Tax season is right around the corner, and you know what that means: time to get counting your receipts!
The more tax deductions you claim on your income taxes, the bigger the refund you get from the Canada Revenue Agency (CRA) after you file. It is well known that more deductions lead to bigger tax refunds. However, there are other tricks for maximizing your tax refund that aren’t so well known. In this article, I will explore a two-step process to maximize the tax refund you can get from the CRA. The first step in this process is something you likely already know about; the second step is not as well known (but can save you even more money).
Step #1: Claim all deductions you can get
The first step to getting a larger tax refund is lowering your taxable income. You do that by claiming as many deductions and credits as possible. If you’re conventionally employed, you can claim things like donations, tuition, and student loan interest. If you’re self-employed, you can claim all of the same things a conventionally employed person can and then some. Here are some examples of deductions that self-employed people can claim:
- Home office space
- Transportation costs (the portion of them related to work)
- Licenses and subscriptions
Really, most things related to running a business are deductible for business owners. So, if you’re self-employed, be sure to claim as many such things as you can.
Step #2: Prioritize bonds then dividends in your TFSA
Another way to maximize your tax refund is to be careful about what you hold in your TFSA. In general, holding interest bearing bonds in a TFSA results in the most tax savings, followed by dividend stocks, followed finally by non-dividend stocks. The reason is that interest is taxed more heavily than dividends, while non-dividend stocks (if held long term) may not be taxed at all. So, assuming your portfolio consists of a mix of bonds, dividend stocks and non-dividend stocks, make sure the bonds take priority for being held within your TFSA. You can save money on stocks with the dividend tax credit, as I’ll show in the next section.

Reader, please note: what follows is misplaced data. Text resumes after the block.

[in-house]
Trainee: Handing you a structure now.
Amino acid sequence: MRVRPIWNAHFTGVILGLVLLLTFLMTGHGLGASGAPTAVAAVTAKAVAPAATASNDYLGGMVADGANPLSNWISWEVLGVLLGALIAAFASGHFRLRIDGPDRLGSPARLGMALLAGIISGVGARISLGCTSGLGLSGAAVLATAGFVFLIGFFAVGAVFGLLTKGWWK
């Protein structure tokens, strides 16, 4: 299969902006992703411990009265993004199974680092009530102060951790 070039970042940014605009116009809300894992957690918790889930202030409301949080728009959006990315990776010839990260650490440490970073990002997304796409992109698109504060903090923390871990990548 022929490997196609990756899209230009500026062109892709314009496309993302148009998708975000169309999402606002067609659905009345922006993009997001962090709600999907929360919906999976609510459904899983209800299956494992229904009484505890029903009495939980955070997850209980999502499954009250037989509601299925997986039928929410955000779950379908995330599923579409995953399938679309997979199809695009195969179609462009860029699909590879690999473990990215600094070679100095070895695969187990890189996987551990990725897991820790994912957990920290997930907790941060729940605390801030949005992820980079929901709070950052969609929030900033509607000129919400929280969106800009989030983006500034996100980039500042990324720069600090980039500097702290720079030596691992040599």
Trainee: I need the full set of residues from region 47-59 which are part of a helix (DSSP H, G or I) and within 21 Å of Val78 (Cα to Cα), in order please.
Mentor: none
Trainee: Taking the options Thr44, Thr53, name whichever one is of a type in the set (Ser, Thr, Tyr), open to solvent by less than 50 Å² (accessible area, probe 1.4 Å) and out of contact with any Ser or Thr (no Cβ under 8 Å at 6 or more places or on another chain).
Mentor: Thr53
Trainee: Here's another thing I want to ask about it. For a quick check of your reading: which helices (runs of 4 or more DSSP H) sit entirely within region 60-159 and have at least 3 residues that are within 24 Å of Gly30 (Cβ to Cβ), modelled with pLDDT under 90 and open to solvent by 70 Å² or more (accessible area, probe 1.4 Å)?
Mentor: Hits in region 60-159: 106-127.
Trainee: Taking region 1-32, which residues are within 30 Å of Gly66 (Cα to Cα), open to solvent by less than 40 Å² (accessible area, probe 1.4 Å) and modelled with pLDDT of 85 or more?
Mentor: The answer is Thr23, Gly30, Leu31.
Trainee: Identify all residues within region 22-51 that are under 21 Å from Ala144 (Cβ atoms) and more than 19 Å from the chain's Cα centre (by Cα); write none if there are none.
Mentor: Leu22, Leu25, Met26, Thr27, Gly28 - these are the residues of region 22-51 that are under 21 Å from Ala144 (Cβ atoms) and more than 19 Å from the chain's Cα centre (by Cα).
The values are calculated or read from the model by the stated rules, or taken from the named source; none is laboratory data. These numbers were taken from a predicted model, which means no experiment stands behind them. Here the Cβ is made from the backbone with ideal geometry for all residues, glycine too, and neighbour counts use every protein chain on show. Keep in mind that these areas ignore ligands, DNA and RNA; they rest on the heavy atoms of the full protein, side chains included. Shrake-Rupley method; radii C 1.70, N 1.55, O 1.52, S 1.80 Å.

How much money you can save with the dividend tax credit
Consider the case of a hypothetical investor holding Toronto-Dominion Bank (TSX:TD) stock. TD is a good example to work with, because the stock pays a dividend and has a 5% yield. The maximum amount of accumulated TFSA contribution room a person can have in 2024 is $95,000. If someone were to invest that amount in TD stock, the person would get about $4,750 per year in dividends. None of those dividends are taxable within a TFSA, but by holding TD outside of a TFSA, some Canadians can actually get paid by the CRA to hold the stock!
How on earth does that work? It depends on your marginal tax rate; if it’s 15% or lower, then the dividend tax credit is worth more than your pre-credit taxes. A $4,750 dividend from TD Bank produces a $983 tax credit. That sum is arrived at by grossing up the dividend by 38% and then multiplying the grossed-up amount ($6,555) by 15%. If your marginal tax rate is lower than 15%, you actually get cash from the CRA by receiving TD Bank dividends, as your pre-credit taxes are lower than the tax credit you receive.
CRA money: The Foolish bottom line
The bottom line about taxes is you lower them by lowering your income. The dividend tax credit is a great way to get your reported income down. If your tax rate is low, by all means, hold your dividend stocks outside of your TFSA. And no matter what your tax rate is, don’t buy stocks in your TFSA until you are finished buying bonds.